Concord Music Publishing’s purchase of the classical-focused Sikorski Music Publishing Group continues the extraordinary history of acquisitions which has seen Concord advance from a backroom, part-time business to a world leader in its field in under five decades. Sikorski is especially but by no means exclusively renowned for holding the rights to major works by legendary 20th/21st century Russian composers. The Hamburg-based, family-run business will now sit alongside prestigious UK music publisher Boosey & Hawkes in the Concord stable. Those Russian composers range from Prokofiev, Shostakovich and Schnittke to the likes of Sofia Gubaidulina, Giya Kancheli and Lera Auerbach.

Concord’s founder, in 1973, was car dealer and jazz fan Carl Jefferson, a resident of Concord, California. His establishing of the Concord Jazz recording label was the tiny first step in the subsequent creation of a recording empire now embracing a string of labels. Along the way, Concord developed a major music publishing arm (today embracing close on 400,000 copyrighted titles) and an additional speciality in theatre.

Concord’s global music interests have been dominated by the popular (but multi-genre) end of the spectrum. However, in June 2017 the company acquired music publisher Imagem, which had bought Boosey & Hawkes in 2008, thereby drawing a line under an extended troubling trading period for the company.

CM understands that the Sikorski family had been seeking a suitable buyer for more than four years. The deal whereby Concord has now made the purchase followed promptings by John Minch, head of Boosey & Hawkes and president of Concord Music Publishing, Europe. Part of the process, he says, was persuading Concord of the potential of the classical music dimension it had acquired by purchasing Boosey & Hawkes as part of the Imagem ‘job-lot’.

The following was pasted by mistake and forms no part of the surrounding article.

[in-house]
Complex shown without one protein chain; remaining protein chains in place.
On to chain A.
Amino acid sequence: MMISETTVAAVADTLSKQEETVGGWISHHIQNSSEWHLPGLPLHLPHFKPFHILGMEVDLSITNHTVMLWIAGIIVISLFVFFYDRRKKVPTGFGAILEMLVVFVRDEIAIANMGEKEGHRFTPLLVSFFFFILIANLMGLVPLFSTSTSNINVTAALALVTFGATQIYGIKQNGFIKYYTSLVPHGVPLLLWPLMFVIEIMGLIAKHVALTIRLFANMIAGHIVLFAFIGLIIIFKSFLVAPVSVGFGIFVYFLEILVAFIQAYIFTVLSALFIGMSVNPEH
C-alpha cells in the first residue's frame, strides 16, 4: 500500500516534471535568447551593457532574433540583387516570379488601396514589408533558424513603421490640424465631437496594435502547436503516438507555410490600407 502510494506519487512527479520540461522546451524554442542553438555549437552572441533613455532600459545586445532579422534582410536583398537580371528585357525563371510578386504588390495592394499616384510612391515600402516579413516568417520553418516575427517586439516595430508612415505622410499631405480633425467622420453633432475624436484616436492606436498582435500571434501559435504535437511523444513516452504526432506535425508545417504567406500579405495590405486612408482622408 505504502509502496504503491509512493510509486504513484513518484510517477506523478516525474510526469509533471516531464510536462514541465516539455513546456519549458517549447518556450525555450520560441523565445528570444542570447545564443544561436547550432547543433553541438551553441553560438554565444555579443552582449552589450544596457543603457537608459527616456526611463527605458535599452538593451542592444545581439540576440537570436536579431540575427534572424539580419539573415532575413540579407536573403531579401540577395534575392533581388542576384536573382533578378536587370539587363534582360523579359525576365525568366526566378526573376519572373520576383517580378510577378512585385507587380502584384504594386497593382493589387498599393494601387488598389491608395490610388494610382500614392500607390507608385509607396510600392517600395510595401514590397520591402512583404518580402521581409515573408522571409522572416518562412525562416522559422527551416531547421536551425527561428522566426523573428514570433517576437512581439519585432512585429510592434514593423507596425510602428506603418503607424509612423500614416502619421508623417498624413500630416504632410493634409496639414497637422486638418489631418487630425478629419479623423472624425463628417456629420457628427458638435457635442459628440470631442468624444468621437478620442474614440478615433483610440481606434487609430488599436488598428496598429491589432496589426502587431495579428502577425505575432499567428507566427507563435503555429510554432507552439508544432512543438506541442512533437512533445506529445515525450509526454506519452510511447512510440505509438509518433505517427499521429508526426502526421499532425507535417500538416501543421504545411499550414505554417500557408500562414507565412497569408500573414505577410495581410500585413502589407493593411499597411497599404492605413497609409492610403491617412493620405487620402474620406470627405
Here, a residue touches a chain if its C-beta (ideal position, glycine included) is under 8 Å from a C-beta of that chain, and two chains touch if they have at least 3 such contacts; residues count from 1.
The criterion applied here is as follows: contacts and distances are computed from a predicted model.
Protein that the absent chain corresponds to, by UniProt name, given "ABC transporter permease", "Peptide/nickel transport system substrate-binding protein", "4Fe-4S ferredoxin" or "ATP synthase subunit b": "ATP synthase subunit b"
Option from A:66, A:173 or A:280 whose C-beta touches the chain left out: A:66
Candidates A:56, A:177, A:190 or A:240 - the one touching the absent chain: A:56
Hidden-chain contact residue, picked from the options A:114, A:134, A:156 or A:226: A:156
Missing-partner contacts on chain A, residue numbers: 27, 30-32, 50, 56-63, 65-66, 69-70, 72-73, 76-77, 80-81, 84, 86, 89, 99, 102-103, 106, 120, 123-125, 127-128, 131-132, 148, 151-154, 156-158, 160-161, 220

‘The point about classical music publishing,’ says Minch, ‘is that the income generated via live performances of copyright works is stable and predictable – it doesn’t fall prey to fashion, as can be the case with other branches of music. A major proportion of that income as far as Boosey & Hawkes is concerned comes from contemporary repertoire.’

Minch thereby dismisses any suggestion that the Concord/Sikorski deal reflects a need to combine in order to weather tough times for classical music and publishing. ‘Classical music is in robust shape,’ he insists, emphasising the potential for developing online streaming opportunities under the Concord umbrella in the years ahead. ‘Classical music has in many ways been slow to embrace new technology, but things are set to really move now.’

At Concord, chief operating officer Glen Barros emphasises his company’s belief in the market for classical music. ‘We’re looking for opportunities to expand our presence in Europe and other international markets. As a result, the acquisition of the Sikorski business really is a perfect fit.’

For Sikorski, managing partner Dagmar Sikorski reckons there could not be ‘a better home for our family’s legacy of classical assets. Our decades-long, deep relationship with our composers is something of which we’re highly protective. We’re confident that these composers will be well looked after by the Concord and Boosey teams.’